Automakers Battle Phone Manufacturers For Consumers’ Attention


Drivers are increasingly turning to Apple CarPlay and Android Auto as their primary technologies for navigation and voice recognition than automaker’s proprietary technologies, according to J.D. Power.

In its recent 2018 U.S. Tech Experience Index (TXI) Study, the company found that technologies, such as smartphone mirroring, are quickly adopted by new-vehicle owners, while other technologies can take decades to be fully embraced according.

Two clear examples of technologies with rapid adoption are Apple CarPlay and Android Auto, each of which are quickly becoming “must haves” for many consumers just a few years after their introduction. Both are showing rapid year-over-year penetration increases. In contrast, many technologies that have been around much longer are not nearly as sought-after by new-vehicle owners.

“This rapid adoption of smartphone mirroring is the unavoidable outcome of consumers thinking that automakers are being outperformed by smartphone software providers in certain areas,” said Kristin Kolodge, executive director of Driver Interaction and HMI Research at J.D. Power. “Most consumers consider phone systems better for navigation and voice recognition—and they’re free. ‘Better and free’ are hard to compete with, so automakers will inevitably have to cede this territory and will be much better served by focusing on areas where they are the exclusive provider—like driver assistance and collision avoidance—and continue to hone those systems.”

Factory-installed navigation systems are easily replaced by another device. In fact, 19 per cent of new-vehicle owners who have factory-installed navigation don’t use it and, of these, 70 per cent use another device instead, almost always a smartphone.

In the smartphone mirroring battle, drivers using Apple CarPlay report significantly higher satisfaction with the system than those using Android Auto (777 vs. 748, respectively, on a 1,000-point scale). However, Google fights back when it comes to navigation. Among owners who use their own navigation system, 56 per cent use Google Maps most often and 16 per cent use Google-owned Waze most often, while only 23 per cent use Apple Maps most often. Even iPhone owners are more likely to use Google Maps than Apple Maps, whereas very few Android owners use Apple Maps.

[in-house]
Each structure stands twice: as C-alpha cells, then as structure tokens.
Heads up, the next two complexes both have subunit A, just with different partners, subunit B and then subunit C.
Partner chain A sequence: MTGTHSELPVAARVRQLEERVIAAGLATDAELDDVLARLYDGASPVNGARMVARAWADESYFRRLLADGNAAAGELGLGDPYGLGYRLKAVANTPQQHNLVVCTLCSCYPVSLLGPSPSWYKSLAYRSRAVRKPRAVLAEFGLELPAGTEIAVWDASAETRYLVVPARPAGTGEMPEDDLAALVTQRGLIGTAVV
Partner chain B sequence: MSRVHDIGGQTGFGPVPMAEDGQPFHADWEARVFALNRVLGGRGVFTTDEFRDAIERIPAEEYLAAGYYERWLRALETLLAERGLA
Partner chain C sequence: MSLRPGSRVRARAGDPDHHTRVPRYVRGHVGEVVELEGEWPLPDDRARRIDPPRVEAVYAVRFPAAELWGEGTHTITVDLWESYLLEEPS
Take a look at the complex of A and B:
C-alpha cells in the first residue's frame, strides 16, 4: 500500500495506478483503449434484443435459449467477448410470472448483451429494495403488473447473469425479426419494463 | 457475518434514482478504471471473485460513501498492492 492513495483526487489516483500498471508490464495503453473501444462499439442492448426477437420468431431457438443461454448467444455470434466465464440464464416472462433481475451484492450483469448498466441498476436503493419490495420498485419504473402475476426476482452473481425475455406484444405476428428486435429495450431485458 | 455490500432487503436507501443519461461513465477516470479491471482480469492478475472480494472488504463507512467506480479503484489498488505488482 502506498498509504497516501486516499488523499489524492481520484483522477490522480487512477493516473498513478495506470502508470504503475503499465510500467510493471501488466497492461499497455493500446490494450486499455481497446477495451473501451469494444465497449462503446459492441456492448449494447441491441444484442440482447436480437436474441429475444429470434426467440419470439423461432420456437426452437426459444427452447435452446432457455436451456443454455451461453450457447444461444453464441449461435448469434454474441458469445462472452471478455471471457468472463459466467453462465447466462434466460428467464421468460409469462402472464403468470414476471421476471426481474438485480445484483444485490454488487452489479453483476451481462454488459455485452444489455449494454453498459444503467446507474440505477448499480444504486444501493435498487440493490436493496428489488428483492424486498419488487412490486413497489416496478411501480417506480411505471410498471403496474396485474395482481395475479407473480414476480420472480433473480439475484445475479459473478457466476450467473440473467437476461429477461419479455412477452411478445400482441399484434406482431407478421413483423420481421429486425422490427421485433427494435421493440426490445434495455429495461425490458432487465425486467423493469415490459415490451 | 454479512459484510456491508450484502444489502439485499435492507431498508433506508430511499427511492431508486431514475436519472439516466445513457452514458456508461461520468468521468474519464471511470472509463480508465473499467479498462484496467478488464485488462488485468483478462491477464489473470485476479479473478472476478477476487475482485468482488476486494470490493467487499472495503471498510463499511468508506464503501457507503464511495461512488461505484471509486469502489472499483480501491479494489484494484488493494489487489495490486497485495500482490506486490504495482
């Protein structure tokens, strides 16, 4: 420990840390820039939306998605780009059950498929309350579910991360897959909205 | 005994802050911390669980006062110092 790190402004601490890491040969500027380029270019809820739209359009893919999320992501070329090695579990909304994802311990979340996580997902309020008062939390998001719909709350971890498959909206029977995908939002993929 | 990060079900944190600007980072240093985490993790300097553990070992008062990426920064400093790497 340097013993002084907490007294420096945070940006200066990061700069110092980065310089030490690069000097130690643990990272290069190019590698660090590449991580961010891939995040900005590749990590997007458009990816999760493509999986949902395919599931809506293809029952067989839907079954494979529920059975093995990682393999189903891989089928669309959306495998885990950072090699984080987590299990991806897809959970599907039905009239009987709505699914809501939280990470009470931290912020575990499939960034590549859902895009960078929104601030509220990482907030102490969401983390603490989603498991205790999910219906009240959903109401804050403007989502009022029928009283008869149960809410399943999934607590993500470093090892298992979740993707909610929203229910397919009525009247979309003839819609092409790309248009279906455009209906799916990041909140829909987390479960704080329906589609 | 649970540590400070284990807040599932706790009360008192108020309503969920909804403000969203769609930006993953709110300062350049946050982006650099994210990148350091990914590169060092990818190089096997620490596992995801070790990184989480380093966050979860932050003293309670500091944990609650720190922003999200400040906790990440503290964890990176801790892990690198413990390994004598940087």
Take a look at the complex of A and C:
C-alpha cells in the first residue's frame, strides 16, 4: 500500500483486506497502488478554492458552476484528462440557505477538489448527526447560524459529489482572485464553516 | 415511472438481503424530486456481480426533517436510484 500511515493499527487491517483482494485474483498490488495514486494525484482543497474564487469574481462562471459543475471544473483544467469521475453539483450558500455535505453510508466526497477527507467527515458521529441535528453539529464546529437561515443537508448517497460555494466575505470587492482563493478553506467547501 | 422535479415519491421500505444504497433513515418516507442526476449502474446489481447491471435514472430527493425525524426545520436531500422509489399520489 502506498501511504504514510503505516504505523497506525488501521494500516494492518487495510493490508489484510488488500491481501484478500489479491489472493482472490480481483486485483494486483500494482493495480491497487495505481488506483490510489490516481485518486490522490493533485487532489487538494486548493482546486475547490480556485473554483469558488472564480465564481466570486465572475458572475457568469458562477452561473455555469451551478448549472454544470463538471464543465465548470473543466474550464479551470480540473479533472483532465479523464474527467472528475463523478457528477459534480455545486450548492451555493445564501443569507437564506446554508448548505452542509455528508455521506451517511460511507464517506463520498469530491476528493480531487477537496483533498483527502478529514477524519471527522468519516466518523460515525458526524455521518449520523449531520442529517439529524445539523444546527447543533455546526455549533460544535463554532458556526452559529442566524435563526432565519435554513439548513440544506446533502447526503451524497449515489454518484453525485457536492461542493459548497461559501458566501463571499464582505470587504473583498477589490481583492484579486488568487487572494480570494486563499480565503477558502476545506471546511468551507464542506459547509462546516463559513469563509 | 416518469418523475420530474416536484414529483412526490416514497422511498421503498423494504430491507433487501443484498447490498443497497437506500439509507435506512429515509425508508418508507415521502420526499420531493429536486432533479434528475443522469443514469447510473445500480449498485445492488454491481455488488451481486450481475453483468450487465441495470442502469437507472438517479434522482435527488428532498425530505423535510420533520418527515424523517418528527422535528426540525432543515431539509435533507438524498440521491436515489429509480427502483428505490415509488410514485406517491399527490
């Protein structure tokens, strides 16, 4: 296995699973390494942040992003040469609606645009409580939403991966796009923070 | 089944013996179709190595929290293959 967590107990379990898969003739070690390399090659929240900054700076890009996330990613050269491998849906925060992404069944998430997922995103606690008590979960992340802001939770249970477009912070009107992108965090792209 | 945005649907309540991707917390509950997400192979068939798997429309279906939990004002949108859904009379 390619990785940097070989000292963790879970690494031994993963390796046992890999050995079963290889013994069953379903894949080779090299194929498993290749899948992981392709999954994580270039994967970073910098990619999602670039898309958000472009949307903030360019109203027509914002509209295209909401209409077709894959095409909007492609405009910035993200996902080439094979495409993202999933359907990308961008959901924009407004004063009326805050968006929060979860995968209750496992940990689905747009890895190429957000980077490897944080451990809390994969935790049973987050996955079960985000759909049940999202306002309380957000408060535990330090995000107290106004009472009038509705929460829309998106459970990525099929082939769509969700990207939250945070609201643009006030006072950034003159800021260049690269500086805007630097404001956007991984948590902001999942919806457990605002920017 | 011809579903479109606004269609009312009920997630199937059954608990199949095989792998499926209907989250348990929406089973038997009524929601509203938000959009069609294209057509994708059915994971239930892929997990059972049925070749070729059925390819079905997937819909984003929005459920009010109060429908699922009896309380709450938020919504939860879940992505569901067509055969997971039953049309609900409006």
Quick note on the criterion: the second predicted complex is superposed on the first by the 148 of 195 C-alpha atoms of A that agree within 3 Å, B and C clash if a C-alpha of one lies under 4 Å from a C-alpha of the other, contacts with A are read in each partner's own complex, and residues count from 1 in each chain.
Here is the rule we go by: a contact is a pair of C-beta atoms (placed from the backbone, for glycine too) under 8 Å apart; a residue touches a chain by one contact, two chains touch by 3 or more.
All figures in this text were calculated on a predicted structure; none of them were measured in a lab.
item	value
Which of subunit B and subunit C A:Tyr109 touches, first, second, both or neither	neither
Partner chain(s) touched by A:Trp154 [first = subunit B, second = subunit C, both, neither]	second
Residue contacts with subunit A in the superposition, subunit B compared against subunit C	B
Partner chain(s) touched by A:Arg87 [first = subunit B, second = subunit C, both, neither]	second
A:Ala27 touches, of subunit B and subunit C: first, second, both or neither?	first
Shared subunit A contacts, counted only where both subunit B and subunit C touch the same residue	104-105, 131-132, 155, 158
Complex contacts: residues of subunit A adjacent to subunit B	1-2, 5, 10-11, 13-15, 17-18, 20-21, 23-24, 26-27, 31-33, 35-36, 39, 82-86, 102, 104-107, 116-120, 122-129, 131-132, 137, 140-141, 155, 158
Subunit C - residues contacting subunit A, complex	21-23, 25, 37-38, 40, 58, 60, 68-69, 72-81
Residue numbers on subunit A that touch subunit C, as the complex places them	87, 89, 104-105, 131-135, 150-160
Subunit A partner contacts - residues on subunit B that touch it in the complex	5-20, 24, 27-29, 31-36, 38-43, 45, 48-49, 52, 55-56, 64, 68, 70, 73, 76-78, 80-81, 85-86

The study also finds that wide differences exist between automakers in terms of how frequently owners use some of their systems. For instance, the number of owners who say they use their lane-keeping/centering system “every time they drive” ranges from a low of 46 per cent to a high of 67 per cent across the different automakers. For adaptive cruise control, the range is 16 per cent to 42 per cent, and for voice recognition it is 10 per cent to 29 per cent. Obviously, there is something to be learned about what is driving those differences. Automakers that create systems that aren’t being used are making investments in technology that are unlikely to be successful.

“Today’s experience with a technology drives tomorrow’s desire,” Kolodge added. “Consumers are challenging the level of usefulness that some automotive technology provides, including whether it’s needed at all. For example, although automakers’ built-in navigation systems are appreciated for image quality, owners often prefer using smartphone-based navigation because they consider it more accurate.”